Invited speech to be held on Friday 14/10/2022, at 12:30, at the Department of Informatics & Telecommunications - room A56.Invited speech to be held on Friday 14/10/2022, at 12:30, at the Department of Informatics & Telecommunications - room A56.Invited talk to be held on Friday 14/10/2022, at 12:30, at the Department of Informatics & Telecommunications - room A56.
Speaker: Dr Stavros Diolatzis, GraphDeco, INRIA Sophia Antipolis, France
Title: Learning Radiance Fields: From Global Illumination to Generative Models
Abstract: Creating realistic images of virtual scenes is a process that involves simulating light interactions, traditionally through path tracing and Monte Carlo methods, as light gets transmitted and reflected before reaching the virtual camera.This process is being used extensively in different industries such as movies, video games, physical simulations and architectural design. Monte Carlo methods, in a path tracing context, can handle complex lighting effects but the resulting images are plagued with noise which is reduced by simulating additional paths. This can be computationally expensive and a lot of research has gone into making it more efficient and accurate.
While methods in the past have focused on improving the sampling quality of path tracing, recently neural networks have gained popularity as a way to render synthetic or captured scenes. This shift towards a neural augmented rendering pipeline is reflected in the methods proposed in this thesis where increasingly more aspects of rendering are handled by neural networks. A key component in this task is the scene representation of choice with many alternatives being proposed. We demonstrate how radiance fields are a good fit as they can be used to reduce noise in traditional path tracing and also be learned efficiently by neural networks.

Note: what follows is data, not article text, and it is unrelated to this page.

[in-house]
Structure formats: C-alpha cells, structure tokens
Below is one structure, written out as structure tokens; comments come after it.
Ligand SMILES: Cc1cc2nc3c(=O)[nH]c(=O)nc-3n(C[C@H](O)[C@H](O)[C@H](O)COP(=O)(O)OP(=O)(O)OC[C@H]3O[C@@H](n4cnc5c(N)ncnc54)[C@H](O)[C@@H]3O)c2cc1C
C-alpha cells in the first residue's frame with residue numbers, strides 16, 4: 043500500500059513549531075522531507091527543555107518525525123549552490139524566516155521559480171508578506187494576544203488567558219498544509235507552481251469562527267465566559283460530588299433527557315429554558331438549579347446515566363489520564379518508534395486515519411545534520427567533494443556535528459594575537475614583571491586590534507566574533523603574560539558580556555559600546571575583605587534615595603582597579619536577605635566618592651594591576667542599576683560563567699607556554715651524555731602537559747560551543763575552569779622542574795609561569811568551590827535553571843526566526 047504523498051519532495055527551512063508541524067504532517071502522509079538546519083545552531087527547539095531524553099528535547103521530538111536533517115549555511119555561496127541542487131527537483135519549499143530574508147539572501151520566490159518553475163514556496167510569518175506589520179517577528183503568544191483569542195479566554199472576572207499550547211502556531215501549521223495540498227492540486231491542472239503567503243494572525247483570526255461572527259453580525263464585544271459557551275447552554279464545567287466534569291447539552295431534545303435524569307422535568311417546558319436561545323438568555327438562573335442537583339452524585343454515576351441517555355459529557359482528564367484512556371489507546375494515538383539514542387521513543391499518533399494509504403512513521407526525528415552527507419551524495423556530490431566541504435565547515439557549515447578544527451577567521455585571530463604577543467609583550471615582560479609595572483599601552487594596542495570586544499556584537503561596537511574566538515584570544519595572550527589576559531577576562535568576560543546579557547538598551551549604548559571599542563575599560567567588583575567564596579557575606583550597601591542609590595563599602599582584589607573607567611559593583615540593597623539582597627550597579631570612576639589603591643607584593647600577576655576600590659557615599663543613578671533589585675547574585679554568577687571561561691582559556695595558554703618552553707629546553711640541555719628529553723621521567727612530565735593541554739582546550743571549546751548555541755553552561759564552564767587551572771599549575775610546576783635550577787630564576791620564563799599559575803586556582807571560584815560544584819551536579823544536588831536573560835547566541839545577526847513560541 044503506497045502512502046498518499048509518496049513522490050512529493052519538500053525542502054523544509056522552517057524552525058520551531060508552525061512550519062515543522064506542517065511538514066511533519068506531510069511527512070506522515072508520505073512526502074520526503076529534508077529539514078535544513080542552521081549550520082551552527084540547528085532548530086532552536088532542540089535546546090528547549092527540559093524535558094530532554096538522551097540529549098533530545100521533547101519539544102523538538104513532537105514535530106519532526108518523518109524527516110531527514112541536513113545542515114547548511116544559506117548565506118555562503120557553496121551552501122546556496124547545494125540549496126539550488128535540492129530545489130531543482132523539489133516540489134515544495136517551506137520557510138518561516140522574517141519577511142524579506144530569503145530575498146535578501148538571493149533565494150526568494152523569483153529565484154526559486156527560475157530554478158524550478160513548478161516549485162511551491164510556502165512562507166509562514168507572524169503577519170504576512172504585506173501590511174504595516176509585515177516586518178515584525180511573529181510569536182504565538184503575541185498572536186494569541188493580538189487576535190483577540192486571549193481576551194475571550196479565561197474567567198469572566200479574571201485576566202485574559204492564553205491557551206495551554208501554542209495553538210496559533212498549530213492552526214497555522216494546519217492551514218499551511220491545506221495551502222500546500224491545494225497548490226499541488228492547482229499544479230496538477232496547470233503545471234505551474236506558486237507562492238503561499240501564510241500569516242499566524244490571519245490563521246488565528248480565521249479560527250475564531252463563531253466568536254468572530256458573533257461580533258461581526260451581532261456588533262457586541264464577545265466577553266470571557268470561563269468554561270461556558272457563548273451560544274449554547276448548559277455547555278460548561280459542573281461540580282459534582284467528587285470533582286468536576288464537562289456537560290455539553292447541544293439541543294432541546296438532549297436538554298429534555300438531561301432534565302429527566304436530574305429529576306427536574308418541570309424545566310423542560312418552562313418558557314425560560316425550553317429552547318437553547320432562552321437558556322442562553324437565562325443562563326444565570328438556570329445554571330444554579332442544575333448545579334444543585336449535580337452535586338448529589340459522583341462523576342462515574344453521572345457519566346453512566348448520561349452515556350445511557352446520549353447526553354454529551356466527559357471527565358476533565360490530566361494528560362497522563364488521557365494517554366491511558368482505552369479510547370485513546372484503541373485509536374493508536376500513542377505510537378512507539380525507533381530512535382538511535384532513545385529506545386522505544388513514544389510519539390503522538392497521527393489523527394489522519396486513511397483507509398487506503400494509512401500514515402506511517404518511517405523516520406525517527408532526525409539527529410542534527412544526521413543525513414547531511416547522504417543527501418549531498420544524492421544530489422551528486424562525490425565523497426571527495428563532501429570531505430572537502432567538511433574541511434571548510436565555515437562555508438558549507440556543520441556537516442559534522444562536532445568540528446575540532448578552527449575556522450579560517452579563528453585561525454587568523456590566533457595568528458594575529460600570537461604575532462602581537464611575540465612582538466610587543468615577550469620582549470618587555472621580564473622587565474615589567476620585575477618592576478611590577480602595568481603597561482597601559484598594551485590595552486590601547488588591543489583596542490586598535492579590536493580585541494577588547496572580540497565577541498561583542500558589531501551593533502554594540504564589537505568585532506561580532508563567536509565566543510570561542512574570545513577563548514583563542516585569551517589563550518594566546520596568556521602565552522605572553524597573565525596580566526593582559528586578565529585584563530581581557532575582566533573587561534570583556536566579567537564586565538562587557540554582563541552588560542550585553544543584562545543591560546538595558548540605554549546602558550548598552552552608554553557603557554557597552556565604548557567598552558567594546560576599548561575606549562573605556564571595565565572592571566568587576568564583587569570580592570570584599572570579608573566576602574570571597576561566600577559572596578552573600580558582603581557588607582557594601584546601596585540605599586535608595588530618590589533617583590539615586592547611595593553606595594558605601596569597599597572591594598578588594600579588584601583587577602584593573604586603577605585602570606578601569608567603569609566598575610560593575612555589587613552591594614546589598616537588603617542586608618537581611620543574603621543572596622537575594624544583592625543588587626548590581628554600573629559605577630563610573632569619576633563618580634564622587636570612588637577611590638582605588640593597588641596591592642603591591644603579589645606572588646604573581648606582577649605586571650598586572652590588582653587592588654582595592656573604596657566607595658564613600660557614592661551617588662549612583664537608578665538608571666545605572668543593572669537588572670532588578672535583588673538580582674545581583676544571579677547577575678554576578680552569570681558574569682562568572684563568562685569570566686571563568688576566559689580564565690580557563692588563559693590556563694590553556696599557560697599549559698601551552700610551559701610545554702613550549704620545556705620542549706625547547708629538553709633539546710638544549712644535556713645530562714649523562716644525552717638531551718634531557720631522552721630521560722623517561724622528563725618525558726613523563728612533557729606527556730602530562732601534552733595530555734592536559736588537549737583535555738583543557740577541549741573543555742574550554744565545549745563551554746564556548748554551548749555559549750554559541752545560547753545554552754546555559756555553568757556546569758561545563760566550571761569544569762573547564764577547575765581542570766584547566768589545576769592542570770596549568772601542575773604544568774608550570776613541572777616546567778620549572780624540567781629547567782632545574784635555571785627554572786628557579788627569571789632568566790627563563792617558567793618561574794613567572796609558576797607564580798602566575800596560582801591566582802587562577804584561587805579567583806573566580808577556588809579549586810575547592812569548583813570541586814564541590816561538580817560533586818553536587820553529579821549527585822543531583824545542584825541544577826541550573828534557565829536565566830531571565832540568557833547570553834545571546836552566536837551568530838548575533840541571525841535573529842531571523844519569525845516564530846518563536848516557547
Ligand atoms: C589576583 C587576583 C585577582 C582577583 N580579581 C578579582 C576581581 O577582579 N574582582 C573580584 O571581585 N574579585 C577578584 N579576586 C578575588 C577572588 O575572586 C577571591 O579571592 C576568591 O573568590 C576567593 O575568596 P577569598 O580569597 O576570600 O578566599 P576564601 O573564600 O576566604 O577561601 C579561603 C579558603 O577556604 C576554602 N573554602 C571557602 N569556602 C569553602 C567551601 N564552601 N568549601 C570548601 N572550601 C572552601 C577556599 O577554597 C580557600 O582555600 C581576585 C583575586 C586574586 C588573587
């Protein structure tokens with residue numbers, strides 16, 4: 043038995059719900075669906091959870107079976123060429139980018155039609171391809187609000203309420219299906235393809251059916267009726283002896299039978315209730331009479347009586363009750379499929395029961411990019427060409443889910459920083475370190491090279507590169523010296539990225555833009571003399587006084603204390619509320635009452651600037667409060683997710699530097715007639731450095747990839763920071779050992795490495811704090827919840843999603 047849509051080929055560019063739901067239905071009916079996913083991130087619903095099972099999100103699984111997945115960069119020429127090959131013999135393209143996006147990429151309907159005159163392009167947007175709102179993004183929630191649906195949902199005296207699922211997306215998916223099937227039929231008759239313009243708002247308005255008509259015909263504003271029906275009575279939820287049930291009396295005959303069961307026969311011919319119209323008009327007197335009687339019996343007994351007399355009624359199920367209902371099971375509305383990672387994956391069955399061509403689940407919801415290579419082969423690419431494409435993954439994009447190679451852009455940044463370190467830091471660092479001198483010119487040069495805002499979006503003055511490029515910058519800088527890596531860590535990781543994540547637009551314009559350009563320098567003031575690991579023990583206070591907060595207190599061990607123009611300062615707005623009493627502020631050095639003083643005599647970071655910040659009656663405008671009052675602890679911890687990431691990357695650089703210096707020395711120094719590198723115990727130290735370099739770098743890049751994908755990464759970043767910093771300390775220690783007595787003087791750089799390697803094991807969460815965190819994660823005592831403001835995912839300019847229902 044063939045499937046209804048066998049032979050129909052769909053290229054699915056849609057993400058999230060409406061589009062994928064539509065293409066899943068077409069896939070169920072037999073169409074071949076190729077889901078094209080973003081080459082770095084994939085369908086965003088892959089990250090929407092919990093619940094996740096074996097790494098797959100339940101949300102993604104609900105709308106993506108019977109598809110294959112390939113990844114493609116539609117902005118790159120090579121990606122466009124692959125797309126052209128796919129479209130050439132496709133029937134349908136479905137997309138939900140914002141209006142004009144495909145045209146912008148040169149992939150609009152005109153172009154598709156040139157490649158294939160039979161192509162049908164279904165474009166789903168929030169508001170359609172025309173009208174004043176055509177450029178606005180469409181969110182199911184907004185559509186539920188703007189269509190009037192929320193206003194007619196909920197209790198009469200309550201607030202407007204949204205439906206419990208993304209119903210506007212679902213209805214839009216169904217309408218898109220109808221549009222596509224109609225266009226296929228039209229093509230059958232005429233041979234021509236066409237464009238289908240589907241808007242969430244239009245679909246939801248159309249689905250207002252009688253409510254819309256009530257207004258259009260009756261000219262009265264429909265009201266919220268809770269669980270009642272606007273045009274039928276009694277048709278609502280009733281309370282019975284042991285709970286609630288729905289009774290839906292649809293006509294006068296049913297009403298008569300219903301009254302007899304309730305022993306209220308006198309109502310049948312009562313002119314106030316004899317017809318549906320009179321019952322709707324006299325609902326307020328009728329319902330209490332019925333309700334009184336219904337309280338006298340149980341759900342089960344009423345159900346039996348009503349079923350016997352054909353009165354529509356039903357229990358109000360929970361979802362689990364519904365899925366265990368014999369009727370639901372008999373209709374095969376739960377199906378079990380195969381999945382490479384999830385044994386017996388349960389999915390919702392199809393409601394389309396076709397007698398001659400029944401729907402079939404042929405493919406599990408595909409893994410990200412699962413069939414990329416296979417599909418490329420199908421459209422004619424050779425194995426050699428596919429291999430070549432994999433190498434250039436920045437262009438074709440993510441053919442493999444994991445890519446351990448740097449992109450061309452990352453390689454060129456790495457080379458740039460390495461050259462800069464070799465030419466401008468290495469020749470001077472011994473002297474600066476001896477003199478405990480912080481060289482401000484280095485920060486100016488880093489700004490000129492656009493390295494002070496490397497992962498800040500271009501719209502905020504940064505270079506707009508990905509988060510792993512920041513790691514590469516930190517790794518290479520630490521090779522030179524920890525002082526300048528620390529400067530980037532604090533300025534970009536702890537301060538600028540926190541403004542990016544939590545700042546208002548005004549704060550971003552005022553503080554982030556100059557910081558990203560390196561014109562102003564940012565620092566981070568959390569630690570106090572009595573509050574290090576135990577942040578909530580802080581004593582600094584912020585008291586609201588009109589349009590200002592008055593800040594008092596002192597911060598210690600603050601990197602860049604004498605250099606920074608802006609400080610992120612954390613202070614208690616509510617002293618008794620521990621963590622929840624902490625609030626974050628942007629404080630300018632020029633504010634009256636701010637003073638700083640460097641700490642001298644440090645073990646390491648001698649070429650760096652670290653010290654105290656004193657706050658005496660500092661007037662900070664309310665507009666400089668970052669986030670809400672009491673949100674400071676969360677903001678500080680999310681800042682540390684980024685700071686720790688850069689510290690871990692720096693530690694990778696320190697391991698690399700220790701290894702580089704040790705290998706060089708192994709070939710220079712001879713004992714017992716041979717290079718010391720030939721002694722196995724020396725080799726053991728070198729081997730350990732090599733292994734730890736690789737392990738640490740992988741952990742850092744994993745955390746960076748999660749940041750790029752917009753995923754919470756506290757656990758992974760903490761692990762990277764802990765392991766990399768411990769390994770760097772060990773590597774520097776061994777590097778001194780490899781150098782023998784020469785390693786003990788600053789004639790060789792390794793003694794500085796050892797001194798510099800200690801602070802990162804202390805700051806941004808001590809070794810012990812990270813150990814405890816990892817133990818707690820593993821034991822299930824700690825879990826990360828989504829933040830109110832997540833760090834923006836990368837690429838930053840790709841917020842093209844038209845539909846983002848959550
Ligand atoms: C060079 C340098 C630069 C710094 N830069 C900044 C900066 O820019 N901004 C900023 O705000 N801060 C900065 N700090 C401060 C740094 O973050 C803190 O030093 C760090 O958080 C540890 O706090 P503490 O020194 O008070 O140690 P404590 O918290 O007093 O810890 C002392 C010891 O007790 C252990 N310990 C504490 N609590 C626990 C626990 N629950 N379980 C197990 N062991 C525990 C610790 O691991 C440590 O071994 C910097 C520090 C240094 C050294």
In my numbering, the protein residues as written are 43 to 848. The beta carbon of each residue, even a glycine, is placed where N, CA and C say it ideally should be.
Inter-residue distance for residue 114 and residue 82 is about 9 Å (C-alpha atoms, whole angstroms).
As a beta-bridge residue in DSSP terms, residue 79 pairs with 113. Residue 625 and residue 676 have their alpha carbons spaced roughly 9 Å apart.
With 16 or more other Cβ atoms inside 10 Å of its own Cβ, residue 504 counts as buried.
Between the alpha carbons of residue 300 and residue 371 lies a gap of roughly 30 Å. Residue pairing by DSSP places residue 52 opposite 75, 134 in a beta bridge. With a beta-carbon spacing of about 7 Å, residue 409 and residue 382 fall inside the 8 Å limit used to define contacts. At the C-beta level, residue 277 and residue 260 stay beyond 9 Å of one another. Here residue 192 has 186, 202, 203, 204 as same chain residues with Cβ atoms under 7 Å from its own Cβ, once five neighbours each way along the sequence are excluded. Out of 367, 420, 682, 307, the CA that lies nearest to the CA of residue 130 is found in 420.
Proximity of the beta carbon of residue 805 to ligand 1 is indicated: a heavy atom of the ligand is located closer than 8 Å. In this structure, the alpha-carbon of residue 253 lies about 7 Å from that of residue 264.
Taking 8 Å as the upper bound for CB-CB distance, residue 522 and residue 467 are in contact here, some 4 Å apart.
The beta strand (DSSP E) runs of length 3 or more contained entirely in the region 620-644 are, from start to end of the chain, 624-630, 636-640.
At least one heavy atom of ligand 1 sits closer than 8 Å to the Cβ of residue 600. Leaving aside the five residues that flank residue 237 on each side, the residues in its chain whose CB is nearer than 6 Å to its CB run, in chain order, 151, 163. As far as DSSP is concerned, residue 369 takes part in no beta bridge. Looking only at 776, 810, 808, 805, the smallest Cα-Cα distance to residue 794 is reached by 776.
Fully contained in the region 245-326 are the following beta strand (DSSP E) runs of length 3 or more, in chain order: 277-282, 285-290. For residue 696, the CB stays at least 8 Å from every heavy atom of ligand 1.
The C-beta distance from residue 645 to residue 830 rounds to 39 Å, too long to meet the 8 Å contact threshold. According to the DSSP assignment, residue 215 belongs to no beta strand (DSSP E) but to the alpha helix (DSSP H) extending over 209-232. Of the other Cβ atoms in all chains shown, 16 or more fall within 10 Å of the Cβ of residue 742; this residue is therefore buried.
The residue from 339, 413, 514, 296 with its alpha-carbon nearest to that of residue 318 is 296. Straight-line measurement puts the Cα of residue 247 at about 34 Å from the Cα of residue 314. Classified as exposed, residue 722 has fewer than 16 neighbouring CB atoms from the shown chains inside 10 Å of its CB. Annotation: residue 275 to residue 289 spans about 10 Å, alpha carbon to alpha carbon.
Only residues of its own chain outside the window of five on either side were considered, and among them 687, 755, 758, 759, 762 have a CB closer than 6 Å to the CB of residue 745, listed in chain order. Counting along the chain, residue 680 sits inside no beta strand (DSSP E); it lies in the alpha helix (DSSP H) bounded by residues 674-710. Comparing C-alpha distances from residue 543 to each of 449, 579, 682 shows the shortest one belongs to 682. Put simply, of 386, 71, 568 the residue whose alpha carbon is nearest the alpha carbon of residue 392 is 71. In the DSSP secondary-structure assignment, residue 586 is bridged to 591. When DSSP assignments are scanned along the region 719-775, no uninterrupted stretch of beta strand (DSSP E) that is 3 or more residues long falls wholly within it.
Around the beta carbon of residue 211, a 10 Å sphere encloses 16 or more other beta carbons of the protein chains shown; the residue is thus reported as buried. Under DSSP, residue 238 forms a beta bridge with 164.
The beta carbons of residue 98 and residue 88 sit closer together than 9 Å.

First we propose a method to inject our knowledge of the scene materials in an approximation of radiance fields to improve sampling, especially in scenes with glossy materials. Next we show that when training a network to represent radiance fields for variable scenes, uniform sampling of the scene configurations leads to poor results. Instead we actively explore the space of possible scene configurations and use the network to interactively render variable scenes with hard effects, such as caustics. Even though we use a network for the final rendering, our explicit scene representation vector preserves artistic control over the scene's objects, materials and emitters. Finally we develop a generative model for mesoscale materials with complex structure and appearance. Here we use volumetric radiance fields and we condition our network on geometry and appearance parameters for artistic control of the materials represented, which is crucial in our context.
Keywords: Computer Graphics, Path Tracing, Monte Carlo, Neural Rendering, Radiance Fields